Wednesday, February 22 is a big day for cross-country, with sprint competition for men and women.

The final cross-country event is the freestyle. Women's 300 km freestyle will be Friday, February 24. The men will run the 50 km freestyle the next day.



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Sven fischer
Germany's Sven Fischer skis past the mountains to win the gold medal in the Men's 10 km Biathlon race in Cesana San Sicario, Italy, at the Turin 2006 Winter Olympic Games, Tuesday, February 14, 2006.
(Photo: Michael Probst/AP Wide World)
A Shot at the Biathlon
Americans left behind by German, Norwegian cross-country powerhouses.
By Jonathan Amdur
Scholastic Kids Press Corps


Tuesday, February 14—Four Americans competed in the men's biathlon 10 km sprint this afternoon in the 2006 Winter Olympic Games, but they were out-skied by the Germans and Norwiegans. The highest-ranked American was Tim Burke at 37th. Lowell Bailey skied in 48th, and Jeremy Teela 62nd, and Jay Hakkinen was 80th.

The competitors ski over a distance of 10 kilometers, stopping twice to shoot 10 shots. The first shoot is done in a prone position, lying on the ground. The second time, competitors shoot while standing. Skiers are penalized for every shot missed by having to ski an extra penalty loop.

Germans have always excelled in this sport, and it was a German, Sven Fischer, who won the gold. The silver went to Halvard Hanevold of Norway. Frode Andresen of Norway won the bronze. The top 60 contenders will compete in the next event, the men's 12.5 km pursuit. That rule will leave Teela and Hakkinen out of the running.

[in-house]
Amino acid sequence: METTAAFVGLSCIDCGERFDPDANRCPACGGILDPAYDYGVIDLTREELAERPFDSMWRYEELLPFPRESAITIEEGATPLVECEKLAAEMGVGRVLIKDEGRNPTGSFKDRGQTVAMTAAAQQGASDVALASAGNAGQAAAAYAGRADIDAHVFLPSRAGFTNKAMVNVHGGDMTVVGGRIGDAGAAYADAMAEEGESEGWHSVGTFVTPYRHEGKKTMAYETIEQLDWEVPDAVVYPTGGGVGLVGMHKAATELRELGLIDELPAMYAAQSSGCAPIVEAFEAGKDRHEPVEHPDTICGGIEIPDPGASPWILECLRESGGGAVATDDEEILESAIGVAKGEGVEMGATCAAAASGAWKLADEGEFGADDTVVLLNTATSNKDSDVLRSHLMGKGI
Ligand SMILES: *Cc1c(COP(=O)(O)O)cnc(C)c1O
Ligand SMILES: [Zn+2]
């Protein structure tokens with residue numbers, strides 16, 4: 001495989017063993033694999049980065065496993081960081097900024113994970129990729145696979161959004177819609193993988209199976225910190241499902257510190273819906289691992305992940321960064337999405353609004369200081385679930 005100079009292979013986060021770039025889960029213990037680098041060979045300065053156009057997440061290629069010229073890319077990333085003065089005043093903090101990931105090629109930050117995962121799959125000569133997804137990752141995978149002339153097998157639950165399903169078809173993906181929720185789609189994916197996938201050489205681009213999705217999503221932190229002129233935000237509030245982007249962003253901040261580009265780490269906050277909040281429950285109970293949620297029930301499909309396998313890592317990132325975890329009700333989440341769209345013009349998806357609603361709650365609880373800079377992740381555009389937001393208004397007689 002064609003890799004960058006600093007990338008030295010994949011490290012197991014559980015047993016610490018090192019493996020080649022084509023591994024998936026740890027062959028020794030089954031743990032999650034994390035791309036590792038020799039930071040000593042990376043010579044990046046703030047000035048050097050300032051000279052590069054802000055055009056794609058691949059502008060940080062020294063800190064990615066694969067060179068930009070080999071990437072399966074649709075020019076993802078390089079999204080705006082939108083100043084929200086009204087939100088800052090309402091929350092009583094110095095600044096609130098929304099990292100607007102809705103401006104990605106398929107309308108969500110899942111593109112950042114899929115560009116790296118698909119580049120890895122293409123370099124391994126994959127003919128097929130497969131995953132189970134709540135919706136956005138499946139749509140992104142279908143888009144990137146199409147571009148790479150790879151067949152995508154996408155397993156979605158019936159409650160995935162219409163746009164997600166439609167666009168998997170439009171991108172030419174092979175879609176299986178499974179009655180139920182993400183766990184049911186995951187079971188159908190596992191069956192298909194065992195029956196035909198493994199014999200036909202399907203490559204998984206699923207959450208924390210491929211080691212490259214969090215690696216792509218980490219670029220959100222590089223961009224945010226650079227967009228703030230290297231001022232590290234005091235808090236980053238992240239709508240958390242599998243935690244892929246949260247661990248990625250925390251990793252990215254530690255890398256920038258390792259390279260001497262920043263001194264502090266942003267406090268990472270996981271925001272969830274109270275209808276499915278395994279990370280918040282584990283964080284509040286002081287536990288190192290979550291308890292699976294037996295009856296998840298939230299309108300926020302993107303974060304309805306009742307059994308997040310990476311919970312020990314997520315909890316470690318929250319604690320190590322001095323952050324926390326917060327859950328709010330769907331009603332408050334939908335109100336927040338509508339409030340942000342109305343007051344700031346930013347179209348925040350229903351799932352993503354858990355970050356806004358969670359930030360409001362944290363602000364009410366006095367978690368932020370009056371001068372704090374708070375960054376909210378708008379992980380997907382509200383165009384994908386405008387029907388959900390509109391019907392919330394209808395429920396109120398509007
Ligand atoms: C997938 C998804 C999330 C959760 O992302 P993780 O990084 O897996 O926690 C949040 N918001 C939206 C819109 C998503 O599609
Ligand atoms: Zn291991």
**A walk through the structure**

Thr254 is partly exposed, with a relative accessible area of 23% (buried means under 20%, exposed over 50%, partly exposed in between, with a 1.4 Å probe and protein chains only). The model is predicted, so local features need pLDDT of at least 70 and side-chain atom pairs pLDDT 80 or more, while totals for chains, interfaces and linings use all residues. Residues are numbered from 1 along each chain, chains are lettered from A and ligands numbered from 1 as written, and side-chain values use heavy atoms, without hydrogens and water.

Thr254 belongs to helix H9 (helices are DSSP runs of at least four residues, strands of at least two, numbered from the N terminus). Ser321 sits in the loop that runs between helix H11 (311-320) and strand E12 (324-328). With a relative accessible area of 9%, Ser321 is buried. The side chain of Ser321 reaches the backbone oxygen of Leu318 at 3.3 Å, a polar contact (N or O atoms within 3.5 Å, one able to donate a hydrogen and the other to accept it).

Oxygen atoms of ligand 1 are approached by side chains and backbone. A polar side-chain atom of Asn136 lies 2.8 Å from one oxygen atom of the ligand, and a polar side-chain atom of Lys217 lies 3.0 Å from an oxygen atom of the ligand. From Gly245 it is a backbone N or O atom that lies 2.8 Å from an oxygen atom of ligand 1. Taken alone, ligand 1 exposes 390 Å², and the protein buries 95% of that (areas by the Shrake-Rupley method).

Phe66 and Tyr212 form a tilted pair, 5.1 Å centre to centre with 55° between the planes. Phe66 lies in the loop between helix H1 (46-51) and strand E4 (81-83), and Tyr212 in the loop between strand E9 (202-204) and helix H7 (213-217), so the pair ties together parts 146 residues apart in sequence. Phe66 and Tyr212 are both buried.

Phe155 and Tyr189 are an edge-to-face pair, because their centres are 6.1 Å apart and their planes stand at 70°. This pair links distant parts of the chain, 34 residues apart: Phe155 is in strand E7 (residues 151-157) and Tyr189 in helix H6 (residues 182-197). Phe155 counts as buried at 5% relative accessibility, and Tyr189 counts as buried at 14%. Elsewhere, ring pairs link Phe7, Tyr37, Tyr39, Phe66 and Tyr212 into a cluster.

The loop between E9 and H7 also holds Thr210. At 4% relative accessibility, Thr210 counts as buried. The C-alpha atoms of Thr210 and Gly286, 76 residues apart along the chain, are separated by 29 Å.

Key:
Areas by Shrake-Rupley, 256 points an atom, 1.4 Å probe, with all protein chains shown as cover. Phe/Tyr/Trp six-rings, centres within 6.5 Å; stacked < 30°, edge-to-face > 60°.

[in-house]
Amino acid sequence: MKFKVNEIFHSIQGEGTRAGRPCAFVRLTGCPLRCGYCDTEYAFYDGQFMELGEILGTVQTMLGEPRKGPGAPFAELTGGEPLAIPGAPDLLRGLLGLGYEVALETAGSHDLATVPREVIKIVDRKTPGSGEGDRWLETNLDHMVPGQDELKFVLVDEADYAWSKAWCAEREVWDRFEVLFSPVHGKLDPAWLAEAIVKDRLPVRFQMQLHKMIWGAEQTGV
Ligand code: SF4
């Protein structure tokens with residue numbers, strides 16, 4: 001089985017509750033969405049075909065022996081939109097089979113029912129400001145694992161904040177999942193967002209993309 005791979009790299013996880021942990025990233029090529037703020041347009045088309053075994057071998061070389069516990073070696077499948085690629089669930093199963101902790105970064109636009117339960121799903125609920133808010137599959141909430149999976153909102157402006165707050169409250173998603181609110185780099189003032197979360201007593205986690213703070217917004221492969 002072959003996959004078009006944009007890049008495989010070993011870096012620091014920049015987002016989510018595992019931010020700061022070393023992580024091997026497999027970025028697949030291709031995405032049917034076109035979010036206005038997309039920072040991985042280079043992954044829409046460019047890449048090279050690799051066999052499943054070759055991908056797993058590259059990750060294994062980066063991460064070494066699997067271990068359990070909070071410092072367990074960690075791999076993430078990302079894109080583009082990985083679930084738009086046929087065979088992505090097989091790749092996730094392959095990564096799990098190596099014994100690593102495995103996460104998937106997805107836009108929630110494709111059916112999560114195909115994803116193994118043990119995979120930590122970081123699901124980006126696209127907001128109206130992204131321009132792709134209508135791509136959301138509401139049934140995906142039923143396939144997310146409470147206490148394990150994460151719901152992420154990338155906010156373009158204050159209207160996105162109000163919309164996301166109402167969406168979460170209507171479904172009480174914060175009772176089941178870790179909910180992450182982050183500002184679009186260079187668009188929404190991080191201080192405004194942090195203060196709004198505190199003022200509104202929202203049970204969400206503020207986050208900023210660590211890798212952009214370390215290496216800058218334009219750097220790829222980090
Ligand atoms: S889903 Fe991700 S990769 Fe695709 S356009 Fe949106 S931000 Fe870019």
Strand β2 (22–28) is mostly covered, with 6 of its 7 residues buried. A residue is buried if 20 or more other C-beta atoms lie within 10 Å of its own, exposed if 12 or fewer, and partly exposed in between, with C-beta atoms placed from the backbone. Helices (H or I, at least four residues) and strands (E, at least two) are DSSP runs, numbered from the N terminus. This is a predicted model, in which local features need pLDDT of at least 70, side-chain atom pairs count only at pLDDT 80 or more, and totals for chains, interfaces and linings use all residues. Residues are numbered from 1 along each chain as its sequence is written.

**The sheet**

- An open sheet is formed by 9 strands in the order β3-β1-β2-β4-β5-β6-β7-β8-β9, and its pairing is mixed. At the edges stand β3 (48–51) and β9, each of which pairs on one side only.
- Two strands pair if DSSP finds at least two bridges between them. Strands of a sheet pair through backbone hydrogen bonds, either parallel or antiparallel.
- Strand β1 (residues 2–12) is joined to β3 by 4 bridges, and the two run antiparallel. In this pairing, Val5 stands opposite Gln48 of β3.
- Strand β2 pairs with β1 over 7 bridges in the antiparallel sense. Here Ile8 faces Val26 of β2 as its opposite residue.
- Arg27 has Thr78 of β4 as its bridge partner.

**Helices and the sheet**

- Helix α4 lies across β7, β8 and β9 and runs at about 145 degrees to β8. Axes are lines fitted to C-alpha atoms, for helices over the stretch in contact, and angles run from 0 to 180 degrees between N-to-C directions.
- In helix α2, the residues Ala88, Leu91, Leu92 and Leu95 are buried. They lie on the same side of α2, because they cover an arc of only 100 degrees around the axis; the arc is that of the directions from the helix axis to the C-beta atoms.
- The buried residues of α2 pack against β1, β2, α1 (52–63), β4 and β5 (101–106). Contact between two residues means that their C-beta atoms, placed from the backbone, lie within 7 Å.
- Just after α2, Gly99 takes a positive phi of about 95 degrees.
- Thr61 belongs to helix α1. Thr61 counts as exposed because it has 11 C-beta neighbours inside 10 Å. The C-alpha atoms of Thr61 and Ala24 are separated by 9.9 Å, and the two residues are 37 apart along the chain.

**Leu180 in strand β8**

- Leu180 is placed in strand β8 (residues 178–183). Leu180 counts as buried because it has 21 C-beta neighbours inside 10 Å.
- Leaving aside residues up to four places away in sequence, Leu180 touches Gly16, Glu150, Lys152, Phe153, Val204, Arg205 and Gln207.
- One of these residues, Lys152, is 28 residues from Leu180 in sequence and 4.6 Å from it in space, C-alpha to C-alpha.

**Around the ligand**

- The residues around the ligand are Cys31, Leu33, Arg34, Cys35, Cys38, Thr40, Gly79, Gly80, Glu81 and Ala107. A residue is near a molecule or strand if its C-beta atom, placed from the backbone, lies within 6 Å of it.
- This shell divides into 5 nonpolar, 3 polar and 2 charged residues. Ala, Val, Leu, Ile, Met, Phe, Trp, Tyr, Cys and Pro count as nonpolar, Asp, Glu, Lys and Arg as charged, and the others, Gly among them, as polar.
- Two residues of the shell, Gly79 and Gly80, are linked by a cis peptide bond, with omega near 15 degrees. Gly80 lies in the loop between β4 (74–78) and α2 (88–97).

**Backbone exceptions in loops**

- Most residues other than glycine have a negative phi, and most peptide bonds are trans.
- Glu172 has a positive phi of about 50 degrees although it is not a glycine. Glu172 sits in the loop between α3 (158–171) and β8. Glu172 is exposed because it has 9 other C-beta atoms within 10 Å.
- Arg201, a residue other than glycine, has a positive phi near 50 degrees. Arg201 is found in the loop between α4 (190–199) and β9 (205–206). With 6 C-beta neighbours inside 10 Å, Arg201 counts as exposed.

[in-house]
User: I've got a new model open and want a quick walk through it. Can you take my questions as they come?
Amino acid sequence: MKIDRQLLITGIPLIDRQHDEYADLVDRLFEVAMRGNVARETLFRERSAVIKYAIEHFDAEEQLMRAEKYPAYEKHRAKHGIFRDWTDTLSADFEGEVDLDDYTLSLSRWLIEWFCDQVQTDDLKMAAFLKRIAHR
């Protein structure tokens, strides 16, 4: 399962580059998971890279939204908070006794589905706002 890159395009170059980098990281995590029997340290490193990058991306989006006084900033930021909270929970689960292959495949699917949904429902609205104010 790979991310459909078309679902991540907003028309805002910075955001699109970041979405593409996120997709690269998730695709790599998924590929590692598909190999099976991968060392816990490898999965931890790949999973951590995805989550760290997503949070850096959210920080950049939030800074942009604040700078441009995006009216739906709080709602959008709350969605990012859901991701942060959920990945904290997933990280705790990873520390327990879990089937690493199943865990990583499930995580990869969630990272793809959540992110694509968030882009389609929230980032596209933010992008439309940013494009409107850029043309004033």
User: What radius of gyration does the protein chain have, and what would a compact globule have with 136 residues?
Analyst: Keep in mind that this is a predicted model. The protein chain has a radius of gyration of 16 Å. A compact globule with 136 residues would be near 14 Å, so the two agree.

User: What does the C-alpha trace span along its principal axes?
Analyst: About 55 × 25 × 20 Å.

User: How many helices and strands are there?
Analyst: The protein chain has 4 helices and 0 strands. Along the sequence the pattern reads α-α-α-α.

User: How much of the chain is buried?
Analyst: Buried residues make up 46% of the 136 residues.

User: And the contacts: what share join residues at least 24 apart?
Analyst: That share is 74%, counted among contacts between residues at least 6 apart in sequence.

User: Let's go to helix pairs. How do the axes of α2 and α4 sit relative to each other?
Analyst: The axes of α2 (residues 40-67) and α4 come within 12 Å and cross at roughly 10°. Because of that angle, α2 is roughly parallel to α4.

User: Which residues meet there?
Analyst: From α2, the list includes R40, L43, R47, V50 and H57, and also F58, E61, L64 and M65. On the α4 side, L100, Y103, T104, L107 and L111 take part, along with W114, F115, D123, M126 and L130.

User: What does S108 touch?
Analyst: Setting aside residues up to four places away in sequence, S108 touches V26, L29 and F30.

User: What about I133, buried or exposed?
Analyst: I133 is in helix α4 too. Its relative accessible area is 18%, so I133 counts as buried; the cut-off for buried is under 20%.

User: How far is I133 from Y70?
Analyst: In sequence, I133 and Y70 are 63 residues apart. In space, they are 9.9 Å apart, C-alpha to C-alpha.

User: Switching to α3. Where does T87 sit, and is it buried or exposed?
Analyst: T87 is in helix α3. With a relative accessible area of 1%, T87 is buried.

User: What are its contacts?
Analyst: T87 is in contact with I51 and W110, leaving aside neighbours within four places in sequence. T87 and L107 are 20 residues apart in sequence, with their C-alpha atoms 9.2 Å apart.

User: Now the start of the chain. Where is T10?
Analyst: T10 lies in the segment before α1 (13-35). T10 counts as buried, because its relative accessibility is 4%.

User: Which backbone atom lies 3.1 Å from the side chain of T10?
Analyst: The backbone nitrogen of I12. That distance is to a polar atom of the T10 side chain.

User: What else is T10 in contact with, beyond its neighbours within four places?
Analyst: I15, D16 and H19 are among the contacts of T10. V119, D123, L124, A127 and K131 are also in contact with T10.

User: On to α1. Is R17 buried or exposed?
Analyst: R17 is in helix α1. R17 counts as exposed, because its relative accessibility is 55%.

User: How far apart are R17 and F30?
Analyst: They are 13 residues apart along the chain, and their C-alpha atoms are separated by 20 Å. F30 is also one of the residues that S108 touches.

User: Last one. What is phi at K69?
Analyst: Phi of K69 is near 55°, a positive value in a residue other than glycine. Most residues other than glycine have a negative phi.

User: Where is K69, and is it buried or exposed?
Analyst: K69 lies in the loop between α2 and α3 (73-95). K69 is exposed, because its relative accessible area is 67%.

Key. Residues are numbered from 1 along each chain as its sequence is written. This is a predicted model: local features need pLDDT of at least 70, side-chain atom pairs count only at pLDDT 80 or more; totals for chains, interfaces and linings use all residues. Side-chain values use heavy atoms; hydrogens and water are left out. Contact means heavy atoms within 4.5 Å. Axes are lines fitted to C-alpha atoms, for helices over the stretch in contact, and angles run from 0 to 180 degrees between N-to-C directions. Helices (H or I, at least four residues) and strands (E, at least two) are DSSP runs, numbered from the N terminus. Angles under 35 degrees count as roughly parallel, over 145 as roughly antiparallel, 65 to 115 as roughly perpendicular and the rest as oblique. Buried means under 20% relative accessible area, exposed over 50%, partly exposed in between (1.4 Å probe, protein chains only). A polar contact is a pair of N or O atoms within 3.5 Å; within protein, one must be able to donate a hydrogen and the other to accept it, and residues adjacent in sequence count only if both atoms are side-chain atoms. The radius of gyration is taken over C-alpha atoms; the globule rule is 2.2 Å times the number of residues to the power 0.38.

The sport is called a biathlon because it involves two disciplines. Athletes compete in a triathlon, which has three disciplines, in the Summer Olympic Games.

"The biathlon and the triathlon have many differences," says Larry Parker, seven-time Ironman finisher and triathlete. "In the sport of biathlon, which takes place in the Winter Olympics, you combine the endurance of cross-country skiing with the precision and calm of marksmanship. I have only competed in the triathlon but have great respect for those who compete in the biathlon."

Both events involve high aerobic demands on the athlete. However, in the biathlon, the athlete is also expected to have expert accuracy in shooting.



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Photos, left to right: © Rick Rickman/NewSport/NewSport/Corbis; © Joe Cavaretta/AP Wide World.